I expected that our team will be in the hunt for the medals – silver or bronze. As a head coach I had this scenario with two wins and one defeat after the first three games. I thought that we can play very well against Australia and Bulgaria, but maybe to concede to China. So my expectations were exceeded for sure.

Where are the secrets for this success? In this division some small details can make big difference.

If you look at that team, the difference is that we have many pieces to solve the puzzle. We have great goaltending, solid defence and good forwards. We have more kids that are playing overseas in North America. They are coming older and playing there on a pretty good junior level hockey. There are players from teams in Sweden and Austria. So conditionally we have our best overall roster and we also were really concentrated to be a team and to make sure to explore this team intelligence that we have been talking about. We also found the right defencemen for the power play unit and players that are ready to block shots and be solid penalty killers. We have some guys from the Israeli league who are taking their roles as contributors on the other lines, so we brought a well-rounded team here for the championships.

As a coach you want to induce the team work, but are there any players that you want to point out for their efforts in the tournament?

Our two goalies were really, really good. Without those two guys we wouldn’t be here. Raz [Werner] did a great job against China and today it was Yehonatan’s [Reisinger] turn to make big saves. So they both raised to the occasion and played that level they are supposed to. And without good quality goaltending you can’t win gold medals. I have the luxury to alternate good goalies every game. The last two years Raz was the best goalie in the U18 Division III Group A and U20 Division III Championships. Yehonatan won silver medal last year with the U18 team and was also voted as the best goaltender.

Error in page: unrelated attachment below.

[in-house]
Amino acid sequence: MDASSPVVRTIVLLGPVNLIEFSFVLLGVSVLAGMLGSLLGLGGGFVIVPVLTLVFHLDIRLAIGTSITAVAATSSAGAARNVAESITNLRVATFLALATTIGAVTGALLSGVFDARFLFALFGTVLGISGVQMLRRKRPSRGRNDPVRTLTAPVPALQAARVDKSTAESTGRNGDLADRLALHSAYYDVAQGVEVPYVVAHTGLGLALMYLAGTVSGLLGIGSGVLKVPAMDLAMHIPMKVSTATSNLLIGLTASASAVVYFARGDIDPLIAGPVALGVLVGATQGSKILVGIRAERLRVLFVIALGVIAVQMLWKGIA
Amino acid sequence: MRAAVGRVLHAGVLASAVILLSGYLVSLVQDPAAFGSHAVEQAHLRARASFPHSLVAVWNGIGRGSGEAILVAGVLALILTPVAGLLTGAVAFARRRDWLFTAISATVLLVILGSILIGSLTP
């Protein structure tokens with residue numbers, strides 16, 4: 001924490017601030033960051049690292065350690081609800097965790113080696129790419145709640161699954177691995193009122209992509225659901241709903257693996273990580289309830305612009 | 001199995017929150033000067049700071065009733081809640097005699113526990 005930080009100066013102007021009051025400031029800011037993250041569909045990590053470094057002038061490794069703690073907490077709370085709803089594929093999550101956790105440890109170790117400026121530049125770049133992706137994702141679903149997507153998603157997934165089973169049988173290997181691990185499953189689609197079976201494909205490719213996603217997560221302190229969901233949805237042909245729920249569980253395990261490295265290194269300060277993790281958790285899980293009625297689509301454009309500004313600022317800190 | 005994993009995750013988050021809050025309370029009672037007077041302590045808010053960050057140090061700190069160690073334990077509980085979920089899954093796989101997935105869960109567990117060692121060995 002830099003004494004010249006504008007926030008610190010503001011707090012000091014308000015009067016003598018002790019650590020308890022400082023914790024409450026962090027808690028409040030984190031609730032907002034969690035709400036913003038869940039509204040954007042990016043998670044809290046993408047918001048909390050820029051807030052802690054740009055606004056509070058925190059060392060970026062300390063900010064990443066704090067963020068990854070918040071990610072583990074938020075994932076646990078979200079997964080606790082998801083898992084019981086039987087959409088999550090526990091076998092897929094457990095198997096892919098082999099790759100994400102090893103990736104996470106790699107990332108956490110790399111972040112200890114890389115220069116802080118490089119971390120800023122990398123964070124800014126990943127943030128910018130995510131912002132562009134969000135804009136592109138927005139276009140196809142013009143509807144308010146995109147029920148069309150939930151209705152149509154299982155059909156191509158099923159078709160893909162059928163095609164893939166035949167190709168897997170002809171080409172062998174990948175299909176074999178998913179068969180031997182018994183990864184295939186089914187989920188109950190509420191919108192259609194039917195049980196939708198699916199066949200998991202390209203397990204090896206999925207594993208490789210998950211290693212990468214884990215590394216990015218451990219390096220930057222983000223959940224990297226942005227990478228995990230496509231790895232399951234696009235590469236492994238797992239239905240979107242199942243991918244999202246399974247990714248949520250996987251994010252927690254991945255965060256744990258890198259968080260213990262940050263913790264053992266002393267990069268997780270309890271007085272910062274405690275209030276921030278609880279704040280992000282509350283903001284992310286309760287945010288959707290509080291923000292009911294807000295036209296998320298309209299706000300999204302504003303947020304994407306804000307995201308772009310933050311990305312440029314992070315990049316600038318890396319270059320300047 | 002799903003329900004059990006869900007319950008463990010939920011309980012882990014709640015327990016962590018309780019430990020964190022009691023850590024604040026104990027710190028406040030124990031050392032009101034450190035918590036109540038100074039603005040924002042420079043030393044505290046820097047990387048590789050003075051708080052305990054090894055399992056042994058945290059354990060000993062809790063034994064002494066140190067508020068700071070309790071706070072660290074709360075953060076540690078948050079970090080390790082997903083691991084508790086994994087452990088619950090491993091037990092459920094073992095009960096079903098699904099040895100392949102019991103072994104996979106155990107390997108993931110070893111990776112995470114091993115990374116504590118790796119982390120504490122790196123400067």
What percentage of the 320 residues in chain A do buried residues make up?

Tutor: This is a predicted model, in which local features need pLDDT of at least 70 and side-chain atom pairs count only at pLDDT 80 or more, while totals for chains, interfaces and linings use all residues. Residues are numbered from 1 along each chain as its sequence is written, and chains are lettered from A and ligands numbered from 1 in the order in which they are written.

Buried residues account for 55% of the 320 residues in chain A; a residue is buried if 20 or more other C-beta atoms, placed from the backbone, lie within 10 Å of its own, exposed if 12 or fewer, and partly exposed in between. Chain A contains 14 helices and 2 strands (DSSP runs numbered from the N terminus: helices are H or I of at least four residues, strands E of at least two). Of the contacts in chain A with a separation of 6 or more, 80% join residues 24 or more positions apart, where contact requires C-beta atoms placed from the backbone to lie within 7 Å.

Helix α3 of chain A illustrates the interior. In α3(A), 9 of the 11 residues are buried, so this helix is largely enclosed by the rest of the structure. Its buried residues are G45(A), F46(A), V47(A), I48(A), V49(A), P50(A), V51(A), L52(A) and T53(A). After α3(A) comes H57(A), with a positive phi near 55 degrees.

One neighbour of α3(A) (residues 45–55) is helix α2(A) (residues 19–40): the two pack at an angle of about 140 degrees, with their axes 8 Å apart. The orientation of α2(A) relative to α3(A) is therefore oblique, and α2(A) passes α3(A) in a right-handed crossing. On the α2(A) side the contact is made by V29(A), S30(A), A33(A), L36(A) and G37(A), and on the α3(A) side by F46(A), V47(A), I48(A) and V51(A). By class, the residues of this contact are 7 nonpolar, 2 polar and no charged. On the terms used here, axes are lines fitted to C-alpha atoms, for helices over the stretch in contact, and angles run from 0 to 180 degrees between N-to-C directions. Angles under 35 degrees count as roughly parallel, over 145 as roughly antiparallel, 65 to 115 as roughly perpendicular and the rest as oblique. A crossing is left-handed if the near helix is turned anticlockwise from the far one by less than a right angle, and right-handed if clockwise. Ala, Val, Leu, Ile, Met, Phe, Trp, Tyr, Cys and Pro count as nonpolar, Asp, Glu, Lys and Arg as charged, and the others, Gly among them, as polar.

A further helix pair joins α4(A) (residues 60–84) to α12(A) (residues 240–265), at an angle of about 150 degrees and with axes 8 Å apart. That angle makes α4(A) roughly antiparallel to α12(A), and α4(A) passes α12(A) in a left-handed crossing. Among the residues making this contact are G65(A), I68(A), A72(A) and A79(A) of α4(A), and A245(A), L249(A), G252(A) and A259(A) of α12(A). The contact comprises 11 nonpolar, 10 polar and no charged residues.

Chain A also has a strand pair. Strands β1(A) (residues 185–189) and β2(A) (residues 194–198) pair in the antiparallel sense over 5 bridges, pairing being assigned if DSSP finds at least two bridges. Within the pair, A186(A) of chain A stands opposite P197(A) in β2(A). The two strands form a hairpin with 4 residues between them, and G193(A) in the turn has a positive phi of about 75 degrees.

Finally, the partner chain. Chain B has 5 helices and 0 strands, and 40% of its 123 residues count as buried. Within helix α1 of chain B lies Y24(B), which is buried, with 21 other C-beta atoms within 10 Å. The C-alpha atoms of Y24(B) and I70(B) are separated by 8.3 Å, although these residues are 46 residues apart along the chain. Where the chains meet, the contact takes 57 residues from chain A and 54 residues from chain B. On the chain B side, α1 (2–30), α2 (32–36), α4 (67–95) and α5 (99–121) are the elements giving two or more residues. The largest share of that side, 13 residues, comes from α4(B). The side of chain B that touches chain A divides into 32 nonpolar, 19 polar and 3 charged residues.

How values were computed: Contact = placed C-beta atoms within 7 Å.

It seems that if Israel wants to develop hockey, it can be done easily with all the connections that the country has in Russia and North America. Do you see this trend coming in the future?

I see big trend coming for Israel hockey. I think with the success this U20 team just had here, the kids back home are watching it, everybody in Israel is seeing this. There are more and more projects for ice rinks and there will be more people playing hockey. So I think just the sheer volume of interest will go up. The economics is there, the connections are there, everything is in place. Now it’s just a matter of people willing to put a time and effort in growing hockey in the country and to use these connections wisely and build it up.

The silver and bronze medals were up for grabs on Sunday at the 2018 IIHF Ice Hockey U20 World Championship Division III in the Bulgarian capital of Sofia after Israel had secured the top spot and promotion on Friday (see story and interview).

Four teams had chances to finish in the top-three. Iceland was ahead in this race with seven points before the last game day, followed by China and Bulgaria with 6 and Australia with 5.

In the first scheduled game Israel completed its perfect record (5 wins/5 games) with a 5-0 blanking of New Zealand, which finished last with zero points. Mark Revniaga, the captain of the Israeli team, scored two goals and finished the tournament with the most goals (11) and points (15). He was selected as the best forward by the directorate of the championship. Mark, whose father was assistant coach for the Israeli team in Sofia, is playing for New York Apple Core in Brewster. Raz Werner, a goaltender for the Grastorps IK in the Swedish U20 Elite, had the only shutout in the whole event after making 26 save and finished the competition with a 2.00 GAA and a 93.41% save percentage.